You may remember the help email I sent about two weeks ago, and some of you may remember me from Wikimania as well. Well, I'm excited to say that my friend Nick Grandy and I are now almost ready to release the Semantic-MediaWiki-based site we've been working on for the past few months. It is tentatively called "Discourse DB" (the name and URL are both liable to change), and for now you can find it here:
The basic idea behind the site is that it's meant to be a database of worldwide political opinions, as expressed by commentators, journalists and notable political bloggers. Opinion items are grouped by topic and stance, to give readers a sense of the current spectrum of thinking around any political issue. Personally, I don't think such a site could ever have come into existence without semantic wiki technology: it had to be a wiki because there's no way a closed group of people could maintain such a large set of information over a long period of time, and it had to be semantic because there's a lot of database-like querying that has to occur. So we are extremely grateful to the developers of Semantic MediaWiki for creating such a useful piece of technology.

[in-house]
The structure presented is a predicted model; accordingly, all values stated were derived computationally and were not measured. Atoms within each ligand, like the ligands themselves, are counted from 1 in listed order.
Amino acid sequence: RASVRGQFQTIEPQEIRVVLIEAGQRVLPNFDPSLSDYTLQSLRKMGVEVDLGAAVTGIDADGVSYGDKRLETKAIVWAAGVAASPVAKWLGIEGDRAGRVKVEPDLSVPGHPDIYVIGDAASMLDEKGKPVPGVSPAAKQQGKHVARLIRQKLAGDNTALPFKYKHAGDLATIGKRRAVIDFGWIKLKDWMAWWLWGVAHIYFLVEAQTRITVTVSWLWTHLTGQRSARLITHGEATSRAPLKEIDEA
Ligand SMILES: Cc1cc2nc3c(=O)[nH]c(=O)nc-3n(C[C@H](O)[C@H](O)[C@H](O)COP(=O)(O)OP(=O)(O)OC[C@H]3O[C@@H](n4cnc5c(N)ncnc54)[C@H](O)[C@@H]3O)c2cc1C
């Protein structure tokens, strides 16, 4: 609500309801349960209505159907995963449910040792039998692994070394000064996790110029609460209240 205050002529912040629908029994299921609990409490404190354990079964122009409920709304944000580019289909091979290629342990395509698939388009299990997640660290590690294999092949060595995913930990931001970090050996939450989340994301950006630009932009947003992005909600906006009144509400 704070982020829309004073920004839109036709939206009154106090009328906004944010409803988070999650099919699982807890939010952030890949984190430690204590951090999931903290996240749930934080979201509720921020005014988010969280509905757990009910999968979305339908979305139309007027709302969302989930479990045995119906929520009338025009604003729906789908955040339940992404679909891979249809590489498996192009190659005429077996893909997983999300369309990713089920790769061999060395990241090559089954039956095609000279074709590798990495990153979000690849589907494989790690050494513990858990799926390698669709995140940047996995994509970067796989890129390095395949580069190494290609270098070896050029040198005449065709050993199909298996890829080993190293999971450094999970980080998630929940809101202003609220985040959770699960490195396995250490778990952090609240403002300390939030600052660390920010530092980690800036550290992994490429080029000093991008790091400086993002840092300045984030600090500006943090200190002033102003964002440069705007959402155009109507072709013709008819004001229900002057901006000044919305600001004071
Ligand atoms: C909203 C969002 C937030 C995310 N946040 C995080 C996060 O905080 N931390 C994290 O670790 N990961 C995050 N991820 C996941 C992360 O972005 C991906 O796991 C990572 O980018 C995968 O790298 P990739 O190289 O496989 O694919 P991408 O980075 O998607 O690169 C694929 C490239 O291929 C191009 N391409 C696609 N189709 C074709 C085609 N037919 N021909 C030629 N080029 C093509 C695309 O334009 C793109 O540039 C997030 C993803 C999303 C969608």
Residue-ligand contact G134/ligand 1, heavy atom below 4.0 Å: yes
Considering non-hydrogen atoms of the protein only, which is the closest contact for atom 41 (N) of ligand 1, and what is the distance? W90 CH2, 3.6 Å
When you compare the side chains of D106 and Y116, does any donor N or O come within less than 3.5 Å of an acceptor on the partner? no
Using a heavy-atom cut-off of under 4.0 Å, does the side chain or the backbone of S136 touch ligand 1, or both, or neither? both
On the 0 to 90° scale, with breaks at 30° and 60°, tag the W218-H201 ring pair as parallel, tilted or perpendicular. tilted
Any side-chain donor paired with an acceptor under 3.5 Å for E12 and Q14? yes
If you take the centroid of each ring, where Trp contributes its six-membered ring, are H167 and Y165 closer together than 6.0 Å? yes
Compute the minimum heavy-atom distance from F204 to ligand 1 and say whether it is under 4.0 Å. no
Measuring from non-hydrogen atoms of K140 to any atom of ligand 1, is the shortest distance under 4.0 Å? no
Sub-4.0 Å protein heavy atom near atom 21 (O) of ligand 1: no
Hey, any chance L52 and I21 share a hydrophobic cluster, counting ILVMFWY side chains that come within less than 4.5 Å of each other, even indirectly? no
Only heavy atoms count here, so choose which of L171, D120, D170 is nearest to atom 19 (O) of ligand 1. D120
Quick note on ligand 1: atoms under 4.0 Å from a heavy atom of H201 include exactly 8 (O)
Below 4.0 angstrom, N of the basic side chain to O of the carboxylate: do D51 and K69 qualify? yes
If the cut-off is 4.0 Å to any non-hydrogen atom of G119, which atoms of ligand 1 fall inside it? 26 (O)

We did make some technical changes to Semantic MediaWiki in order to get the site working the way we wanted:
- we added an option to the <ask> tag, "count", to display only the number of results returned for a query.
- we added the ability to create custom formats for the <ask> tag; if a tag that looks like <ask format="FormatName"> appears, the parser looks for a page called "Template:FormatName", and attempts to use that page to display the results. You can see such a custom format being used in any of the "position" pages.
- we added (as per the subject of the last email I sent) the ability to create a custom query for the <ask> tag; if you write <ask query="QueryName">, the parser looks in the code for special handling; this lets you programatically specify any subquerying and formatting for a given set of results. You can see such a custom query being used in any of the "topic" pages.
Also, we made one non-technical change: the "refresh" tab shows up for all readers, not just administrators or logged-in users. We feel that this is the right way to go, given that otherwise there will be too much potential for confusion when people enter or change data and then don't see their edits reflected immediately in other inline queries.
We look forward to working with you to add any or all of these changes/additions to the main code base.
...also, this isn't a change per se, but we configured SMW to not display the list of all relations and attributes at the bottom of each page; if you were wondering where they went. Also, we changed the skin around a little bit to give the site its own look.
Please check out the site, and feel free to make any edits or changes to the content. We want to make sure this implementation of SMW meets with the approval of those working on the project, and we are very interested to hear your feedback. You can respond either to the mailing list or to us personally.